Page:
In addition to the fishing resources, which Red China has exploited in a piratical way all across the Pacific, even as far as Peru and the Galapagos Islands, French Polynesia’s 5 million square kilometers of ocean hide an impressive amount of rare earth and gas. But according to Gaston Flosse, the first and five-time president of French Polynesia, the islanders do not have the money or know-how in order to further the search.
Enter Red China.
Mr. Flosse recounted to Ms. Garau that, “I received the Chinese president’s delegation. China is the biggest producer of rare earths. They said, ‘We have a proposal for you. I said, ‘Let’s hear it.’ They said, ‘We are going to rent all the ocean surface you own for exploration and the necessary research. We will pay you good money. When the research comes to an end, we will keep the monopoly on it.’ It goes without saying that I denied the offer and my answer was a firm no.”
However, Mr. Flosse is 91 years old and the bulwark against Communist China that Mr. Flosse and his pro-French, pro-western political party represent is not impenetrable.
By devastating the tourism industry, COVID reduced many poor Polynesians to abject poverty and Mr. Flosse's rival, Oscar Temaru, the leader of the pro-independence party and himself a five-time president of French Polynesia is anti-imperialist, anti-American, anti-France. Temaru says that without a doubt he will go along with the Chinese if it means getting rid of France reported Ms. Garau.
This isn’t mere nostalgia for America’s World War II victories. Those who ignore history are doomed to repeat it and our war against Imperial Japan in the Western and Southern Pacific should have indelibly printed the strategic importance of these islands on the minds of American policymakers.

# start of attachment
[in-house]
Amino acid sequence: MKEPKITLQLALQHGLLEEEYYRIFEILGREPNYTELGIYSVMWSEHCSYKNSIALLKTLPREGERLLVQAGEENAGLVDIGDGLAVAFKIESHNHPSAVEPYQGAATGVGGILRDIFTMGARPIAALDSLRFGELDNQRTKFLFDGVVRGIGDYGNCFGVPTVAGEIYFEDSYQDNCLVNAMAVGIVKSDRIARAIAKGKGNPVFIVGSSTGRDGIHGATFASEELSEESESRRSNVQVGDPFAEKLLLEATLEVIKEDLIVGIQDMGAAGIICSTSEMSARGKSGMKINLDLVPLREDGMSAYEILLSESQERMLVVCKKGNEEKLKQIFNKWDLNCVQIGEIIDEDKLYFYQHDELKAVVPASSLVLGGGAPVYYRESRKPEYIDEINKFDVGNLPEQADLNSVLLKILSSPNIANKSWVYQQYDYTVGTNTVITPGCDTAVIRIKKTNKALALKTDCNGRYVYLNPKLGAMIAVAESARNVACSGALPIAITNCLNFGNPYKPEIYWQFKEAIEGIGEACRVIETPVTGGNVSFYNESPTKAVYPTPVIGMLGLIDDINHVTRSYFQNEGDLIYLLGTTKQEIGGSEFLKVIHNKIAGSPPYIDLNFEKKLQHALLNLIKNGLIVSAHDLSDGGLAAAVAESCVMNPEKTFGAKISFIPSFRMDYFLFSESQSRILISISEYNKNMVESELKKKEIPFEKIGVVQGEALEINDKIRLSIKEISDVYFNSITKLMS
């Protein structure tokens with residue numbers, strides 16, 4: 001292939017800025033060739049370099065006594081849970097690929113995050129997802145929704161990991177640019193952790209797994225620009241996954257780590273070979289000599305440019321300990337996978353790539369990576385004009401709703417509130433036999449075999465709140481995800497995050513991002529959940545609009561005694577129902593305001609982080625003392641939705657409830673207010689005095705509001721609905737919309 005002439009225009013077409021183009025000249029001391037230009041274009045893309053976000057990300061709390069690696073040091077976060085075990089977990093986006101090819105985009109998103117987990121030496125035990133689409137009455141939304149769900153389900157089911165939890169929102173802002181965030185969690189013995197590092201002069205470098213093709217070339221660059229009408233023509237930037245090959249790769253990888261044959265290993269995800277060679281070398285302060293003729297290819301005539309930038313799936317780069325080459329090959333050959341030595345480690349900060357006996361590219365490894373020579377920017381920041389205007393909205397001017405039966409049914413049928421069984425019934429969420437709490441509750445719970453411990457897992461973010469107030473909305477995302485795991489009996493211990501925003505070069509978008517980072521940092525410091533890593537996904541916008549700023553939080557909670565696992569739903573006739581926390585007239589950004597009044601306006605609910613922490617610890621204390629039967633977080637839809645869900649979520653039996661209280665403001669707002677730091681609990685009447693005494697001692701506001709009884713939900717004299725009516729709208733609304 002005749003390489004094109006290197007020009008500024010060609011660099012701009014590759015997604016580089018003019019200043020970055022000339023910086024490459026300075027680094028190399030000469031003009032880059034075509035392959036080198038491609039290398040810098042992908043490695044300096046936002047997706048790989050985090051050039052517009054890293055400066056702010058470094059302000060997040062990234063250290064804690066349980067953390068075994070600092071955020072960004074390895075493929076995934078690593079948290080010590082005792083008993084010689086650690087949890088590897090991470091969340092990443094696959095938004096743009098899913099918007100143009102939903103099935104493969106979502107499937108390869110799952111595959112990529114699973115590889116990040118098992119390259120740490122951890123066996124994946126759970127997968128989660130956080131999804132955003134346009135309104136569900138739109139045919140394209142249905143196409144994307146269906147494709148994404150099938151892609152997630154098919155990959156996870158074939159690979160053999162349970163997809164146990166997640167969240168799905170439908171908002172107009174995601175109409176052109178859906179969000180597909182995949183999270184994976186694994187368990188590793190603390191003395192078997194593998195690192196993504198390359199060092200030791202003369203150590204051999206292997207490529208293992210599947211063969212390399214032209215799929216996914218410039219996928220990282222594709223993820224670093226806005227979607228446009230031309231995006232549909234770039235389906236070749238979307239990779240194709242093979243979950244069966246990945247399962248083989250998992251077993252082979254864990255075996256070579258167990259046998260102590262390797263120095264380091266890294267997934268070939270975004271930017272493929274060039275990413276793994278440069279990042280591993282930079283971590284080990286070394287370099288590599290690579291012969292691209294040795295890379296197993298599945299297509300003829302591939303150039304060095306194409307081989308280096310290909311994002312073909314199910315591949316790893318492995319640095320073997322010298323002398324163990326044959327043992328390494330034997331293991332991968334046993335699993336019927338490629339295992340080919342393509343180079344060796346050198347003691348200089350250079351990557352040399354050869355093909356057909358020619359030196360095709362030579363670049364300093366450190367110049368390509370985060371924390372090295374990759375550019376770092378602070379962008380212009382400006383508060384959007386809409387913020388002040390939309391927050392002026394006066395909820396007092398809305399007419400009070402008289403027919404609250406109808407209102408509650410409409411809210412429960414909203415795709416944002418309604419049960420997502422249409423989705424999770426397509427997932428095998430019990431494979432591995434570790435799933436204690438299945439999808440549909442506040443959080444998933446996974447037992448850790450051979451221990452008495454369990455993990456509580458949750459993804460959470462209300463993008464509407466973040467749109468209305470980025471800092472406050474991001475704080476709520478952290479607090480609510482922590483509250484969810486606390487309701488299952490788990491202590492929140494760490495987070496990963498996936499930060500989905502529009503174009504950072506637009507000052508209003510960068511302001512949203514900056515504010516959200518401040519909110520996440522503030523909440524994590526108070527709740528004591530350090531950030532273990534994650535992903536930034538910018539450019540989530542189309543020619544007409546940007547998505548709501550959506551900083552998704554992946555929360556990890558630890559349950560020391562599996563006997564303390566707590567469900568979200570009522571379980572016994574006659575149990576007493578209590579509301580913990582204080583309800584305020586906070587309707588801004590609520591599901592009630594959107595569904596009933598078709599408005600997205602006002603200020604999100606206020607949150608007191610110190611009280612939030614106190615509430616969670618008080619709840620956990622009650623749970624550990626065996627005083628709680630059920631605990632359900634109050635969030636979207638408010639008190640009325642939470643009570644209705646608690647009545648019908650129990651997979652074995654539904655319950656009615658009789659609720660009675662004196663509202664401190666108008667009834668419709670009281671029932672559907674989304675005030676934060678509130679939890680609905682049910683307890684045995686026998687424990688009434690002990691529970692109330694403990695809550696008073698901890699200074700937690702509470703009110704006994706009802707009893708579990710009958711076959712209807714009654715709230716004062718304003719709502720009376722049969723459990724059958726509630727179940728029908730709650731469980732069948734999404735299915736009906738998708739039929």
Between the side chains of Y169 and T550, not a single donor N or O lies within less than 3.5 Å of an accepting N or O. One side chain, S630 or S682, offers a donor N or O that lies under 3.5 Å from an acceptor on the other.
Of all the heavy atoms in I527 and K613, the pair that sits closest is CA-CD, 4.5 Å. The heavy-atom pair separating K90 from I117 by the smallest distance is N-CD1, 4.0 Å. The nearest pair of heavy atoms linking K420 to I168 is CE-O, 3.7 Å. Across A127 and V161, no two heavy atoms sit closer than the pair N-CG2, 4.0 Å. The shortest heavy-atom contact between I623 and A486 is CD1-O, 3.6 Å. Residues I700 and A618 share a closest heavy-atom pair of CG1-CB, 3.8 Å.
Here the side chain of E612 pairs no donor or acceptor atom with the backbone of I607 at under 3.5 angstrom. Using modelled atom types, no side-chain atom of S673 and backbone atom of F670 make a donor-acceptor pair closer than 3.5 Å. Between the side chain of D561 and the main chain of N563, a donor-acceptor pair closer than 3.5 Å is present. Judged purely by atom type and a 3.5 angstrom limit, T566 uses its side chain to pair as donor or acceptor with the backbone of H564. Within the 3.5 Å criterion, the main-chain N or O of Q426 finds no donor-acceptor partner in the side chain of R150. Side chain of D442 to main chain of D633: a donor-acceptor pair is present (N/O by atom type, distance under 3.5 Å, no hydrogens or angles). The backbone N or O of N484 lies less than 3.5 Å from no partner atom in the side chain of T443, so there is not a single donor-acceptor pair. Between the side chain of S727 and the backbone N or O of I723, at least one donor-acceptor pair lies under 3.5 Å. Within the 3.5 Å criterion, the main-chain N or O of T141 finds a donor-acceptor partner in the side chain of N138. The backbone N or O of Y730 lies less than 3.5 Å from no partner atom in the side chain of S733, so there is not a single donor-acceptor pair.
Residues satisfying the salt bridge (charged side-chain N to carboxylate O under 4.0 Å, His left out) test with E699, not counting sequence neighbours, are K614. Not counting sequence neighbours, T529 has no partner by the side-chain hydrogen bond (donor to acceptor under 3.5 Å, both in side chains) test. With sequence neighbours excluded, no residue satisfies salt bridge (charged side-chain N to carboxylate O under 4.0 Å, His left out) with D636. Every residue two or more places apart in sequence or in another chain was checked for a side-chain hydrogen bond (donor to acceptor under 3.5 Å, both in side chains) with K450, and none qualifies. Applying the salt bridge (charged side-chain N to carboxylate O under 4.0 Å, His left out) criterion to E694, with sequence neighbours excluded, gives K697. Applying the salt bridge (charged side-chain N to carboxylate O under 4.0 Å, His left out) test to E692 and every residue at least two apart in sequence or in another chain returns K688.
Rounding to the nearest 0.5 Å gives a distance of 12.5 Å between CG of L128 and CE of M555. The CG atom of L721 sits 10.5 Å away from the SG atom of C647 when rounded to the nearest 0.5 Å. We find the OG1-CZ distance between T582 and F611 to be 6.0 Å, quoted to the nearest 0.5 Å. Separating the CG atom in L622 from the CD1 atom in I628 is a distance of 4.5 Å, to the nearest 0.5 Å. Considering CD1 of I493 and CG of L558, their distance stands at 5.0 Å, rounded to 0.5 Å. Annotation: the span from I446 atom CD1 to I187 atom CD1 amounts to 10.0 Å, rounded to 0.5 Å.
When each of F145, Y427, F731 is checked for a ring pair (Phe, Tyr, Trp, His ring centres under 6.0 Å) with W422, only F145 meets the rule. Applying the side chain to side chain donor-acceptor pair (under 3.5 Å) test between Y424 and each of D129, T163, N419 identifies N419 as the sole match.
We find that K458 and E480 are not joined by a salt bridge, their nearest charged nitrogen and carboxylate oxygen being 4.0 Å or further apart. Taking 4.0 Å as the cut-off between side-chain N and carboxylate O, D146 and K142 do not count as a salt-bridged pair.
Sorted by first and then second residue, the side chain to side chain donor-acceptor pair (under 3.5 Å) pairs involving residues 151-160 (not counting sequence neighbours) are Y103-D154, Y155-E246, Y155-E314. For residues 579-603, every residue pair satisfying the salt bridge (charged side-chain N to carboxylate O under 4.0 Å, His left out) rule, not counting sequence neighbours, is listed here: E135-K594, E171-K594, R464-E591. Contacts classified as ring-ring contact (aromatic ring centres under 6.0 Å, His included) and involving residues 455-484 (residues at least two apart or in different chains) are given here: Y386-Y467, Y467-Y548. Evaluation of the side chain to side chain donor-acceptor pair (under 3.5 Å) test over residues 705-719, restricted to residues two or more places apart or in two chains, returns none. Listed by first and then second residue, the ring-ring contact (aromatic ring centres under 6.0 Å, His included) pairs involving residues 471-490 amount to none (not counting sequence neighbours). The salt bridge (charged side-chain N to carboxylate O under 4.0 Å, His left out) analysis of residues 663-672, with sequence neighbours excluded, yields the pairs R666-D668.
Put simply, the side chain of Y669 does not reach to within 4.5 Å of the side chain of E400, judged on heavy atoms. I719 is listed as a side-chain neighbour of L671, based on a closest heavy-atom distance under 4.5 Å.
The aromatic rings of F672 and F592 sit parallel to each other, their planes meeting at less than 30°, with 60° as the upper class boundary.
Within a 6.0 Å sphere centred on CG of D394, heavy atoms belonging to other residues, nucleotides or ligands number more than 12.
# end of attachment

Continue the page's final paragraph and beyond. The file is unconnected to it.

Yet, the United States closed its embassy in the Solomon Islands in 1993 and, to the extent that it has any interest in the far Pacific, it has been focused on Taiwan. The Red Chinese, on the other hand, have been able to fix our gaze on Taiwan, while exploiting the same strategic path first blazed by the Imperial Japanese almost 100 years ago – follow the island chains out from the mainland coast of Asia, capture them economically (and militarily) and sever the connection between the United States, Australia and the Indonesian archipelago.
While the United States has taken its eye off the strategic value of the Pacific Islands, Joe Biden, a weak and doddering U.S. president who may be subject to Chinese pressure or blackmail, appears to be giving Communist China the idea that now is the time to further assert its hegemony in the Western and Southern Pacific.
George Rasley is editor of Richard Viguerie's ConservativeHQ.com and is a veteran of over 300 political campaigns. A member of American MENSA, he served on the staff of Vice President Dan Quayle, as Director of Policy and Communication for then-Congressman Adam Putnam (FL-12) then Vice Chairman of the Oversight and Government Reform Committee's Subcommittee on National Security and Foreign Affairs, and as spokesman for retired Rep. Mac Thornberry formerly Chairman of the House Armed Services Committee.
The Solomon Islands
U.S. Coast Guard
Rare earth minerals
COVID tourism impact
community of common destiny
all domain warfare